Beloved First Lady Joyce Dinkins, passes at 89

Herb Boyd | 10/14/2020, 1:24 p.m. | Updated on 10/14/2020, 1:29 p.m.
Whenever former Mayor David Dinkins mentioned his wife, Joyce, he referred to her as his beautiful bride, and she was ...
Joyce Dinkins Photo courtesy of the Dinkins family

Whenever former Mayor David Dinkins mentioned his wife, Joyce, he referred to her as his beautiful bride, and she was indeed beautiful and bountiful too. That beauty and bounty now is part of her enduring legacy as she, at 89, joined the ancestors Sunday, Oct. 11 according to an announcement from Governor Cuomo.

“Very sad to learn of the passing of Joyce Dinkins,” the governor tweeted. “Born in NYC, she spent her time as its First Lady with grace & purpose—dedicated to education and a champion of literacy.”

More specifically, Joyce Burrows Dinkins was born in Harlem where she was raised in a very prominent and influential family. She was the younger of two daughters of Daniel and Elaine Neltrop Burrows, and began developing her educational acumen while a student at George Washington High School and later at Howard University where she received a Bachelor of Arts in Sociology.

A homecoming queen, she graduated from Howard in 1953, the same year she met and married David. From the very start, they were a dauntless duo, her insight matching and enhancing her husband’s ambitions. And on occasion her wit was equal to his. A gifted storyteller, David often recounted how lucky Joyce was to marry him and not a competing suitor. “See, if you had married him you would be the wife of a ditch-digger,” he boasted. “No,” Joyce responded, “If I married him, he would be mayor and you would be the ditch digger.”

This was just a portion of the repartee they shared over their long and productive marriage that was never more crowned than when David was elected mayor in 1989, New York City’s first and only African American to hold the office. Without missing a beat, Joyce assumed her duties as First Lady, expanding her position as a coordinator of Metropolitan Affairs in the New York State Department of Taxation and Finance.

Mayor David Dinkins, Joyce Dinkins and Cong. Charlie Rangel

Karl Crutchfield photo

Mayor David Dinkins, Joyce Dinkins and Cong. Charlie Rangel

Now she could effectively initiate and promote her educational vision, her dedication to the arts for children and health care. Among the responsibilities she eagerly pursued was as honorary chair of the Mayor’s Task Force on Child Abuse, which of course dovetailed productively with devotion to the improvement of literacy for the city’s children. As Lynda Hamilton observed in her tribute to Mrs. Dinkins, “In 1990, she established ‘Reading is Recreation,’ a program that brought public school students to Gracie Mansion which expanded to provide special assistance to additional schools located throughout the five boroughs. In recognition of her love for our city’s children, the Joyce B. Dinkins Children’s Collection was established at the Schomburg Center for Research in Black Culture over a decade ago. The former First Lady was a member of the board of the New York Urban League, WNET/Channel 13, the Historic House Trust of New York City, Big Sisters, Inc., and the Early Stages Theater program. She was also an honorary member of the Black Health Research Foundation, and a member of the New York Bench and Bar Spouses, Inc.”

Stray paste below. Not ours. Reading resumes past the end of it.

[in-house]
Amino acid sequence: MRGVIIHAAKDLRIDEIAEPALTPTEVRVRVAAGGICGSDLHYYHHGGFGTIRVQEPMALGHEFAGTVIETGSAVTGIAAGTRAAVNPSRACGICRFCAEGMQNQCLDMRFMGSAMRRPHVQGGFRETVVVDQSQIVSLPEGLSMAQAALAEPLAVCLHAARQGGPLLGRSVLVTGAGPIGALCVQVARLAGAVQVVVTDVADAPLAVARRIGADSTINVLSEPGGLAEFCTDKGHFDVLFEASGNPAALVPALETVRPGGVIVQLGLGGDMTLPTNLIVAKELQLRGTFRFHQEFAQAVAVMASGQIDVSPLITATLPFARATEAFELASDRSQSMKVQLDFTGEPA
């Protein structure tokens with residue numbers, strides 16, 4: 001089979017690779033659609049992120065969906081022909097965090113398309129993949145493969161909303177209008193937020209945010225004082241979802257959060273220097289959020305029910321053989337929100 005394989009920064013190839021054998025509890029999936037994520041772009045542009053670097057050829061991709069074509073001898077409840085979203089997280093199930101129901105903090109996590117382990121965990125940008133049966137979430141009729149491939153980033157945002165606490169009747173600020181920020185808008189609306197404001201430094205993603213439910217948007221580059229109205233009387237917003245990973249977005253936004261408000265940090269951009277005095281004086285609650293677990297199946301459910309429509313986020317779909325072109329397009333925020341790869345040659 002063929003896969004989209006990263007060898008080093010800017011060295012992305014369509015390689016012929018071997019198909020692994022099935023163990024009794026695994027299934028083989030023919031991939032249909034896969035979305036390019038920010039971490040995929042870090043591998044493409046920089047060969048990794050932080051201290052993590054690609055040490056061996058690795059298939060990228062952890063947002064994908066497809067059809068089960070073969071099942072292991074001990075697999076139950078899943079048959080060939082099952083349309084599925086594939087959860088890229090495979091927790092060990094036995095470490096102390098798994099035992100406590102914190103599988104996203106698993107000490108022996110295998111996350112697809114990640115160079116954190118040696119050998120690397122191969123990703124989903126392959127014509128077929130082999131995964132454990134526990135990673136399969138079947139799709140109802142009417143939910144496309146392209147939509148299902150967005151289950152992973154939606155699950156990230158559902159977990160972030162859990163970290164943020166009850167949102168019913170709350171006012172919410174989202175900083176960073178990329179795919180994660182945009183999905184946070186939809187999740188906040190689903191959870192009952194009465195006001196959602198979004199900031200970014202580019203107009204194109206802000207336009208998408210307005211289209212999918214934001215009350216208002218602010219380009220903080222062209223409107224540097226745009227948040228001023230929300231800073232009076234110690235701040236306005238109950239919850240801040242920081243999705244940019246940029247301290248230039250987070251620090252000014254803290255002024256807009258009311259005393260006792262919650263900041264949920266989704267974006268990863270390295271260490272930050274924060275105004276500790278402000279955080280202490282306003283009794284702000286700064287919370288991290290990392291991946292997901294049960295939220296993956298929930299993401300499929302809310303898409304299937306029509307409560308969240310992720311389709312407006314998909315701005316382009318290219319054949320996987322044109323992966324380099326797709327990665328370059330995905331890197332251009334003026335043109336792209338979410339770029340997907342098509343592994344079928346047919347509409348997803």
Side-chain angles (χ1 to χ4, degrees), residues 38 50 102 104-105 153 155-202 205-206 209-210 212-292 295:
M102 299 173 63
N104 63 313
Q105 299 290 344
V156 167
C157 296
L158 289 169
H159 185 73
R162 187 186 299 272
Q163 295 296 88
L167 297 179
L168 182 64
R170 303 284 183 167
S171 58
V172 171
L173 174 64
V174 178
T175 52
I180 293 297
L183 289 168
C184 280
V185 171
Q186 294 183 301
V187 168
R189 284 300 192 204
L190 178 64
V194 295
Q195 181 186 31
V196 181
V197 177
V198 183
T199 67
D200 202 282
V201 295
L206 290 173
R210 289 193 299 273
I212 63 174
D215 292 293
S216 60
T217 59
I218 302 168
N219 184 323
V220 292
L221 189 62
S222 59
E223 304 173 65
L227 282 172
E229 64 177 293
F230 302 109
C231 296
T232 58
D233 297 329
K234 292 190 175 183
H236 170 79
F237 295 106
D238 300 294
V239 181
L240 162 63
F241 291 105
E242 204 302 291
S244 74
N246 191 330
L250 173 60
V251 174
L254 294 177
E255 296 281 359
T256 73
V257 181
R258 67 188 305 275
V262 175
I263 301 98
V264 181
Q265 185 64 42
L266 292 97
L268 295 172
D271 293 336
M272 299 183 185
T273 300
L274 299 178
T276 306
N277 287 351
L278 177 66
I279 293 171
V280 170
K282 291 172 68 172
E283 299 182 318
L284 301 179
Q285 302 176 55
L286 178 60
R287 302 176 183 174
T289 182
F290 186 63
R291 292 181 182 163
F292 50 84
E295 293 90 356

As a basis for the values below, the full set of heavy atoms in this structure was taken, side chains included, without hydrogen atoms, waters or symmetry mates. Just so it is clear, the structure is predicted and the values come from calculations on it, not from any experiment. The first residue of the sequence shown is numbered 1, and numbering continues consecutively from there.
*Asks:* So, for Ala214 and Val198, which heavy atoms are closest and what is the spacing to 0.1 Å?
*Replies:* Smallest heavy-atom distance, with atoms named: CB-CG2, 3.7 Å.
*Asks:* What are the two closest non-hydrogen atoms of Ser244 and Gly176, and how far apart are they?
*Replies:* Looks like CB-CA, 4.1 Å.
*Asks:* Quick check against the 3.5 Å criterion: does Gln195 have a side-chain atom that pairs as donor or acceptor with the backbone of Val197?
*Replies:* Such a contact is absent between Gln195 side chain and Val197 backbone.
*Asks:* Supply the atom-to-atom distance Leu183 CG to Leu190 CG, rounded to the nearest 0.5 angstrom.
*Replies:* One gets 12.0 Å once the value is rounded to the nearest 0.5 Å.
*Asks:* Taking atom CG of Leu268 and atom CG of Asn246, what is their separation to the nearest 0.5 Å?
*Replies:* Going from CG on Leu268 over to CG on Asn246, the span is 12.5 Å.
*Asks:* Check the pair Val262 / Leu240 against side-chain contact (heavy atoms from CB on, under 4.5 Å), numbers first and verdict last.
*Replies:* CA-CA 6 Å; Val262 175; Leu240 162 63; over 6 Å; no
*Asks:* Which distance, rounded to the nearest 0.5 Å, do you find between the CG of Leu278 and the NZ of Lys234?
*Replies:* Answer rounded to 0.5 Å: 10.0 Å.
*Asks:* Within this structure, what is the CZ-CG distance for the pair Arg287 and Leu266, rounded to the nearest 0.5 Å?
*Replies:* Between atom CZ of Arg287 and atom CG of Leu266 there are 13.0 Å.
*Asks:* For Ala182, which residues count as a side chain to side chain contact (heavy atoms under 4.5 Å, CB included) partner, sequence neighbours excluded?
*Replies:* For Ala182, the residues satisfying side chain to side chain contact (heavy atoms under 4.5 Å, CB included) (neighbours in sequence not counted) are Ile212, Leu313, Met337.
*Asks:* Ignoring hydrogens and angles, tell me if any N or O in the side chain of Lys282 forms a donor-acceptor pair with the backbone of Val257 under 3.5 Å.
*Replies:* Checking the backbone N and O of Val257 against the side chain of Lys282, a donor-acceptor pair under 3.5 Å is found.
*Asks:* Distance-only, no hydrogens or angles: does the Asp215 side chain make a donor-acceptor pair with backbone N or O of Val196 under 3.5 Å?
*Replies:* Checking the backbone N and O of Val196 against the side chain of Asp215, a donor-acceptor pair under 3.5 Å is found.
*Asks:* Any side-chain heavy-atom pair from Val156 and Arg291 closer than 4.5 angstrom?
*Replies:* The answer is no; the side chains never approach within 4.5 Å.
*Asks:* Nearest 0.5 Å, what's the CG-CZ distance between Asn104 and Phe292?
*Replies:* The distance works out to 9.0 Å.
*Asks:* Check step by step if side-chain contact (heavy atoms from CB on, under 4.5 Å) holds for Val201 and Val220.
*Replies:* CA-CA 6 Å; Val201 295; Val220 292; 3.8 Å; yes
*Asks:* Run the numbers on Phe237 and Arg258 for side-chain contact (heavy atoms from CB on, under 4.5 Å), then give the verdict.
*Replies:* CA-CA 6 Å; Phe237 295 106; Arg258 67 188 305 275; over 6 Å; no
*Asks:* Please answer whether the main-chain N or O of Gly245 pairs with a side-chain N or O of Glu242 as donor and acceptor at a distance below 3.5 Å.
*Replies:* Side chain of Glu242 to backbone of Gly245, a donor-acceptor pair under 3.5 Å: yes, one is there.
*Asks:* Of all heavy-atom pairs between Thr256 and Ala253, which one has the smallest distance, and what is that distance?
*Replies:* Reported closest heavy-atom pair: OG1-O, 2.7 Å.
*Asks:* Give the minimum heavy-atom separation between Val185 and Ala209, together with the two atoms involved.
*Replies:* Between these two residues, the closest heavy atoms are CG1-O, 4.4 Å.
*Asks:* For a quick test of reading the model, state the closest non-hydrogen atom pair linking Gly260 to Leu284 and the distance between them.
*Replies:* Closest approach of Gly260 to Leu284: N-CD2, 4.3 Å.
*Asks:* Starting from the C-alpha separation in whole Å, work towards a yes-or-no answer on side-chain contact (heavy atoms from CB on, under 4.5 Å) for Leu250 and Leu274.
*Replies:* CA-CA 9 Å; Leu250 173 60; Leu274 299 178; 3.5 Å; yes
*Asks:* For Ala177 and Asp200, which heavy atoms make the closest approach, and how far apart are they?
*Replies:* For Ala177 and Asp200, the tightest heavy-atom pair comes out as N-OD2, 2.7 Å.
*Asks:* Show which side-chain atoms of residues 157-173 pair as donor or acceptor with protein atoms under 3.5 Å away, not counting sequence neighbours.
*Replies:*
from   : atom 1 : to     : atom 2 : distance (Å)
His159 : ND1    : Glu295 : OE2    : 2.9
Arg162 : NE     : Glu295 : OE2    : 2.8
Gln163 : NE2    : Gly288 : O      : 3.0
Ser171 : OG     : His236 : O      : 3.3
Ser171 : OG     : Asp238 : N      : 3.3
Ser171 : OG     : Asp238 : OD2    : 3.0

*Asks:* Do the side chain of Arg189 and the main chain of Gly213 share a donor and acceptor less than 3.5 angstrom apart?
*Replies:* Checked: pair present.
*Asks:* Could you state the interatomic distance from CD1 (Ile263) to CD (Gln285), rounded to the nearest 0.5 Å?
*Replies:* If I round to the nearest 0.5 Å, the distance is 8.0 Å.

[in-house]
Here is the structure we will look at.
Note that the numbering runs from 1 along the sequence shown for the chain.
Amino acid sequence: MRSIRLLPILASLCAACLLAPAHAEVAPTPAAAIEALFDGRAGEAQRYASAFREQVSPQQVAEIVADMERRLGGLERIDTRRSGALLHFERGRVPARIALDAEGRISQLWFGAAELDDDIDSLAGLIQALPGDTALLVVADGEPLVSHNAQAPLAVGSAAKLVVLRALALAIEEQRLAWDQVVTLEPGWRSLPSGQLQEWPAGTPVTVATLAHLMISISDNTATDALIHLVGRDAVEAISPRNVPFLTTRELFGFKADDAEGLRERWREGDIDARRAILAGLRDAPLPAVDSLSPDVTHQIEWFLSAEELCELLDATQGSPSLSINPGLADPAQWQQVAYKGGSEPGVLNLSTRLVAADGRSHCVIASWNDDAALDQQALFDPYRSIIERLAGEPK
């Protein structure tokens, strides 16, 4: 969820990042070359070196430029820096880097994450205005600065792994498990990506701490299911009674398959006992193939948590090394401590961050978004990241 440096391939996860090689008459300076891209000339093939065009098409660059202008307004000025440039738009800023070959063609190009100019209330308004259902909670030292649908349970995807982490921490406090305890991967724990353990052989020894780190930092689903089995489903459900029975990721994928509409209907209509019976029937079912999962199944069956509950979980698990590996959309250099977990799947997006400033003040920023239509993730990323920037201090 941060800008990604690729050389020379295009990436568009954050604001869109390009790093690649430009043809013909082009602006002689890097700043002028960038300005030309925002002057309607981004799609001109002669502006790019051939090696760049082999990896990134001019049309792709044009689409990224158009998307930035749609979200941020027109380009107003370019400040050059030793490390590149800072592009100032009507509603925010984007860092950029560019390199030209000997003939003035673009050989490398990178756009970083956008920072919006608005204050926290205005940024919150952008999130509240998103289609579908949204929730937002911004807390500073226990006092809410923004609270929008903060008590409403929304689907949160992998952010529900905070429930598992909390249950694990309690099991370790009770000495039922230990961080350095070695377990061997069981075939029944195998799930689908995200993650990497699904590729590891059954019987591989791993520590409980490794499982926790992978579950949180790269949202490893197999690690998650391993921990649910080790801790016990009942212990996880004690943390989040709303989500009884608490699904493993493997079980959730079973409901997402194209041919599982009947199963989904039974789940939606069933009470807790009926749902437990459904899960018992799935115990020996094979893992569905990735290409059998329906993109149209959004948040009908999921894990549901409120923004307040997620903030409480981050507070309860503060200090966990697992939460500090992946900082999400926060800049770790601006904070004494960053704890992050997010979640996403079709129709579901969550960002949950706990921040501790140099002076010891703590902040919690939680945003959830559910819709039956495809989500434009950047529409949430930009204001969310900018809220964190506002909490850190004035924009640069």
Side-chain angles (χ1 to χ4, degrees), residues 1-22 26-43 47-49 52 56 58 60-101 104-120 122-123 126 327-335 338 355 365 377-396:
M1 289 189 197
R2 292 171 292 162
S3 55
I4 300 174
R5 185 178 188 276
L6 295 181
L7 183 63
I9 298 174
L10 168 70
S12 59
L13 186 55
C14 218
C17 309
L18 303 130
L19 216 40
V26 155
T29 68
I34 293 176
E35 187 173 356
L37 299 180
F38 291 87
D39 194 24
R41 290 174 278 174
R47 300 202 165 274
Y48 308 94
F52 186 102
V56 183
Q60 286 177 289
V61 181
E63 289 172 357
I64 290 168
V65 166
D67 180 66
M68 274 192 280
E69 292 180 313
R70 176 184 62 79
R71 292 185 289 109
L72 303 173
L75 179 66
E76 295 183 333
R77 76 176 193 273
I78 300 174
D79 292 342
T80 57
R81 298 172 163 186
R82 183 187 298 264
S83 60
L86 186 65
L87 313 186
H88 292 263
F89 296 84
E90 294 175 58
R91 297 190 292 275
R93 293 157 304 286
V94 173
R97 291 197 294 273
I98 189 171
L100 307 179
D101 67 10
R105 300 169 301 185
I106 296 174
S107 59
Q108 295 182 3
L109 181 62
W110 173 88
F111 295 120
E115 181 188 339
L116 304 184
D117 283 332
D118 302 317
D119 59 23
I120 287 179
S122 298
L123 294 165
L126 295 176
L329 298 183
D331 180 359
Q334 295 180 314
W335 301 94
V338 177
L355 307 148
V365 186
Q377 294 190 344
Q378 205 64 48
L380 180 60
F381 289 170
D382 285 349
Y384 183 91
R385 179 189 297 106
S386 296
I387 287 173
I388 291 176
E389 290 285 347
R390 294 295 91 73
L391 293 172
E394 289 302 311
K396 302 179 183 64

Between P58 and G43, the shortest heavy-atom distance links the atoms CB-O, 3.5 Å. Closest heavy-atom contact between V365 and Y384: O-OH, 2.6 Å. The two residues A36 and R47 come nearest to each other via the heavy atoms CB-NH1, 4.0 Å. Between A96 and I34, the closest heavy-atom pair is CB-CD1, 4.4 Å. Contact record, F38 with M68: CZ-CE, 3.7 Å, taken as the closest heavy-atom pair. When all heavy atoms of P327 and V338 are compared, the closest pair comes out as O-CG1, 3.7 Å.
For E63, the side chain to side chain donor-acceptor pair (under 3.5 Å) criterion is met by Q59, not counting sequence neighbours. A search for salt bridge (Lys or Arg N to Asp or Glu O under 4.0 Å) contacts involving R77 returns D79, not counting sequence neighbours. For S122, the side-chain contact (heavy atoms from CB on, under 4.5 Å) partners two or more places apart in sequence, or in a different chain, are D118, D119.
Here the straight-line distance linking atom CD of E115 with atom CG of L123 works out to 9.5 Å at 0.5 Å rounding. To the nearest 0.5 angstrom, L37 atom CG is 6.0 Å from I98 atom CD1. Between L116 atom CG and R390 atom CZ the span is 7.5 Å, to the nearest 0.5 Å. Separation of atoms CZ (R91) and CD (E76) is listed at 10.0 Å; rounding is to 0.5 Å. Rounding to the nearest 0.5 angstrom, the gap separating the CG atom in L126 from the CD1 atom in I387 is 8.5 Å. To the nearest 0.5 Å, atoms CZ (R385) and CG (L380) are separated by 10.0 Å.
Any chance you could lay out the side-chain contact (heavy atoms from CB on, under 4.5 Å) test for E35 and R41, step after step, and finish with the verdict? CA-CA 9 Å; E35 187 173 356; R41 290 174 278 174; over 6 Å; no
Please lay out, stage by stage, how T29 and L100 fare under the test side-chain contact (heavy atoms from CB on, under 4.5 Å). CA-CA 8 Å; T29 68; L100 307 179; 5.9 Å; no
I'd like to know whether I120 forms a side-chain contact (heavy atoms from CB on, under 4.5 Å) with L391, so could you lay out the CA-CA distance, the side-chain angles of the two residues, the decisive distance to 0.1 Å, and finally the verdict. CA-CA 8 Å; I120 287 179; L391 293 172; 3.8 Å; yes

Through all these endeavors, Joyce continued to embellish her partnership with David, as former Congressman Charles Rangel noted in an interview with Michel Marriott in 1990. “He’s never had to consider whether he had the support of Joyce,’’ he said ‘‘She is not a politician, but a partner, and a partner has a different role.’’ She knew how to fulfill her duties without losing sight of being a mother and taking care of family affairs, Rangel added.

Besides her lifetime membership in the NAACP, she was a member in good standing of Howard University’s Alumni Association, and closer to home she had an unwavering commitment to the Harlem Congregations for Community Improvement, dedicating the first green, affordable housing development in the city as the Joyce and David Dinkins Gardens. To that end their union continues to flower.

She was predeceased by her parents and her older sister, Gloria Burrows Sparks. She is survived by her spouse and life partner, David N Dinkins; her children, David N Dinkins, Jr, and Donna Dinkins Hoggard; her daughter-in-law, Paula Bormes, son-in-law, Jay Hoggard; grandchildren Jamal Hoggard and Kalila Hoggard Anderson;  grandson-in-law, Francois Anderson; sister-in-law, Joyce Dinkins Belton; and numerous cousins, nieces, nephews, god children and beloved friends.

The Dinkins family thanks everyone for their comforting thoughts, prayers and expressions of sympathy. In lieu of flowers, contributions/donations can be made to: Howard University Scholarship Fund, Joyce B Dinkins Children’s Collection at Schomburg Center for Research in Black Culture and the Calvary Hospital Hospice Care.